Sorry for the relative quietness of the newsletter last week, but I was at a Future of Publishing conference in Hungary representing Pugpig, my employer. The panel that I was on was titled “The Future of Publishing: Worst Case Scenarios”. Our moderator, Debrenti Félix – Head of International and Institutional Relations, BL Press – chose to focus the questions on future challenges that media will face and the role of new revenue streams. I used to go or speak at future of media conferences all of the time, including when I was at The Guardian, and we hosted them. But it had been a while since I took part in one, and it gave me a chance to think about the development of digital media historically and also where we find ourselves now. I wrote about it for the weekly newsletter that I do for Pugpig, our Media Bulletin.
At the end of the talk, I referred to the famous quote from Steward Brand in his conversation with Apple co-founder Steve Wozniak that information wants to be free. I feel the need everytime I hear the quote that it’s a de-contextualised partial quote.
On the one hand information wants to be expensive, because it’s so valuable. The right information in the right place just changes your life. On the other hand, information wants to be free, because the cost of getting it out is getting lower and lower all the time. So you have these two fighting against each other.
For me, this challenges publishers and broadcasters to understand what information is valuable and why. Some of that information will be intelligence that helps people make money or make the right decision, and other content will be emotionally evocative. At this conference, I mentioned that many of the publishers were actually selling belonging to a particular political movement. That might be more relevant to a membership model than a subscription model.
The Attention Economy and the Paradoxes of Digital Publishing
Preparing for the panel gave me a great opportunity to reflect on where digital media has been and what challenges lie ahead for publishers big and small. One of the common themes of the panels before me was how easy it was to become a digital publisher, and while I agree that it’s never been easier to publish content digitally, it has created the paradox that it has become more difficult to monetise. Consumers have never had more choices when it comes to content whether that is on-demand video and audio (both music and podcasts), video games plus endless streams of articles and social media posts. Nobel Laureate Herbert A. Simon noticed this trend already in the now relatively content-scarce year of 1971, but it gave rise to the concept of the attention economy. Broadly, the idea is that in an era in which information is plentiful, consumers’ time and attention becomes a scarce resource. While the democratisation of media as it was described at the conference might seem liberating, that still does not mean that you’ll be able to build a successful media business or brand.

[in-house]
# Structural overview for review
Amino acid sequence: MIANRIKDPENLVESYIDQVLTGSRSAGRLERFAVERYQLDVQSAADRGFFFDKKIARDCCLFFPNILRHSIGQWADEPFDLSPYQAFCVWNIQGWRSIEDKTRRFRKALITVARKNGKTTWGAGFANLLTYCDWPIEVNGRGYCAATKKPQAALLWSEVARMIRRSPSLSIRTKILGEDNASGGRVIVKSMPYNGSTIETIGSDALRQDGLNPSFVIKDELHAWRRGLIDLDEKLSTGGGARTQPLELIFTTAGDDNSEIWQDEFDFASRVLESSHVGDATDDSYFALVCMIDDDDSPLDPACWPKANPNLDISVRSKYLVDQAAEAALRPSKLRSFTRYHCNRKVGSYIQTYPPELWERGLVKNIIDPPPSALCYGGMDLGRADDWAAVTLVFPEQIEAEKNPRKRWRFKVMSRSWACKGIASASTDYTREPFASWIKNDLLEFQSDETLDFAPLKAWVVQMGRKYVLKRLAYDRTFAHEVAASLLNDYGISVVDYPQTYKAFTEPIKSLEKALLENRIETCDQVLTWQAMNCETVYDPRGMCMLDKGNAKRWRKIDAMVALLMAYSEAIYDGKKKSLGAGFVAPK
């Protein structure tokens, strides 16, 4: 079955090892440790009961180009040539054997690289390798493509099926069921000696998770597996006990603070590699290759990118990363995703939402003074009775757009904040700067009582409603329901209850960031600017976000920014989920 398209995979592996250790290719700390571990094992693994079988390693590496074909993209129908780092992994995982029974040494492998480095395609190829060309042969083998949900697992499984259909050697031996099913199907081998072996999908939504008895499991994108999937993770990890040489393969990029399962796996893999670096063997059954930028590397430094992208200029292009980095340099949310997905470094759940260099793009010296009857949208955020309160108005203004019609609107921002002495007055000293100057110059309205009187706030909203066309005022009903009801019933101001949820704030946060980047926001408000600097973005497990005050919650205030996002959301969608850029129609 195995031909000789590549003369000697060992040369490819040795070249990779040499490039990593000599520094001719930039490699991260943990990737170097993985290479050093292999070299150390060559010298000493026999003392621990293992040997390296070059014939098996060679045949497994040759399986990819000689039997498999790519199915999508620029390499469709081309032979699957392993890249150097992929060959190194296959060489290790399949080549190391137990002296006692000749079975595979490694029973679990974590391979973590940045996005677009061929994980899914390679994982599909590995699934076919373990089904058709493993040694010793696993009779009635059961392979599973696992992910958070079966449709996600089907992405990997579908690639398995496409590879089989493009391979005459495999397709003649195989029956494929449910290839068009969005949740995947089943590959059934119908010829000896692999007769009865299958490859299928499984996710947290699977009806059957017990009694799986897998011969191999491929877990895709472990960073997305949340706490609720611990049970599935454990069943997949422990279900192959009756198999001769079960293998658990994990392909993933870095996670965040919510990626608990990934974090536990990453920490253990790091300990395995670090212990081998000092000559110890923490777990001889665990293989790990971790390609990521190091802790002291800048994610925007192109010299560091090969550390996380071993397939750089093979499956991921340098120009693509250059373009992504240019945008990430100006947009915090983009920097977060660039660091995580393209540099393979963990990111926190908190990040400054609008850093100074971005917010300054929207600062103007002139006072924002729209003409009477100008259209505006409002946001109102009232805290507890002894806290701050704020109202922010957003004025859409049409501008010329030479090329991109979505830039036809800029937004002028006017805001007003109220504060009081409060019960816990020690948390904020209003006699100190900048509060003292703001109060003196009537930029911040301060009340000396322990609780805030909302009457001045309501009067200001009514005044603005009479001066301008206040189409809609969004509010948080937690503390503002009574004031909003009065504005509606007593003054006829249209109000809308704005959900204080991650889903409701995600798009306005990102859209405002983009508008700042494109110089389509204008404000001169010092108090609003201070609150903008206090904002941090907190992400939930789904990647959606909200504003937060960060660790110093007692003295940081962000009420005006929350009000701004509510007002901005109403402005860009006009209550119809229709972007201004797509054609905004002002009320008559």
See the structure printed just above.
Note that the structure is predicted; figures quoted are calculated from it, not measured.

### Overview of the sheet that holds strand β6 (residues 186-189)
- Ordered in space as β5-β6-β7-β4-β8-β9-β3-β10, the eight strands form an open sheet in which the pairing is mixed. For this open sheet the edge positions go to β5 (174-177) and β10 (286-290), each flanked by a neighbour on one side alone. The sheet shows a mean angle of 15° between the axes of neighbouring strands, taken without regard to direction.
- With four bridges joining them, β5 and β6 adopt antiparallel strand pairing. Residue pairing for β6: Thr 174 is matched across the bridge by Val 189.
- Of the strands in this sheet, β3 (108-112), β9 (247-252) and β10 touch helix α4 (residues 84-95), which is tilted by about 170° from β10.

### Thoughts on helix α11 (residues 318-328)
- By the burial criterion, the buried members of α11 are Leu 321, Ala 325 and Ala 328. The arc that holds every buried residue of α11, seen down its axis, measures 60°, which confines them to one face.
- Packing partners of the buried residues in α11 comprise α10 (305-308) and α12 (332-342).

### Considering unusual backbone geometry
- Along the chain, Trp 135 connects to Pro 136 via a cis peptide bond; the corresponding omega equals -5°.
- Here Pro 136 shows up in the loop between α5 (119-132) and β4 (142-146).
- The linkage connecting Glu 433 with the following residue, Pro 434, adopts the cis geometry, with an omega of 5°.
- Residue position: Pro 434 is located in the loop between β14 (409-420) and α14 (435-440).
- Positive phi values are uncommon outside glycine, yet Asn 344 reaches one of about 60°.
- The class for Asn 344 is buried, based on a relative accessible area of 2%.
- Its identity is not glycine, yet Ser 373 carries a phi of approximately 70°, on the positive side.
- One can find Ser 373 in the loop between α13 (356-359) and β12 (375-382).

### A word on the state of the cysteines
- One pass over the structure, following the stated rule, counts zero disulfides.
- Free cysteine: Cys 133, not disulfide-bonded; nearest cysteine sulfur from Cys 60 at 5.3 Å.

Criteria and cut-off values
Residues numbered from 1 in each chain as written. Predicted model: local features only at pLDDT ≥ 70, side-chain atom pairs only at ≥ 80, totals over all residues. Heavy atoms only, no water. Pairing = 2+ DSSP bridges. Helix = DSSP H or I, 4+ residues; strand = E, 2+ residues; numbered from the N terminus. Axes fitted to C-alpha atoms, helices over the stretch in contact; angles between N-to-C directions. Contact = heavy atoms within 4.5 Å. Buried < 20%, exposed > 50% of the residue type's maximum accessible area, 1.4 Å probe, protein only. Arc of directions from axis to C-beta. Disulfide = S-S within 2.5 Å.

With this oversupply of entertainment and information, it meant that the digital returns for digital businesses were lower than they were for publishers and broadcasters during the era of relative scarcity. It’s simple economics, and I used to quote Clay Shirky who said that traditional economics is grounded in the allocation of scarce resources. Abundance breaks things in ways that we don’t entirely understand or at least our traditional business models aren’t based on.
And now we have AI which is promising that is promising to be able to generate even more content than before without the intervention of human creators. In some ways, if AI is simply used to create more content more cheaply, it will have the paradoxical impact of adding to the oversupply of content and economically supporting that oversupply by cutting costs.
Of course, as I pointed out, this generative form of AI is only one application, and smart publishers are using AI for personalisation to increase the relevance of their content and also using it to power dynamic paywalls to tailor offers for their audiences. This paywall technology goes far beyond the old binary of hard and metered paywalls and begins to allow a package to be offered to a wider range of customer segments based on their behaviour.
Product Management and Digital Transformation
And the panel touched on digital transformation, which I think can be driven by adopting a product management process. In the post for Pugpig, I highlighted a process that we used in working with Foreign Affairs magazine to improve in-app listening for their podcasts. I generalised that process to this:
- Start with a goal.
- Determine how to measure that goal and develop KPIs – both editorial and commercial.
- Do audience research to understand why your audience is acting in a certain way. This step is really important. Use that research to inform your product.
- Do user testing before release.
- Measure and iterate.
And we were asked what we thought the biggest challenge would be for publishers in the future. Borrowing from what I learned in my master’s in innovation management, I said that the biggest challenge was that digital transformation was not a destination but a journey. They didn’t simply want to create a ‘fail fast’ culture that accepted experimentation but fostered a ‘learn quickly’ culture that made sure that those experiments built a learning culture that developed agility as a competitive advantage.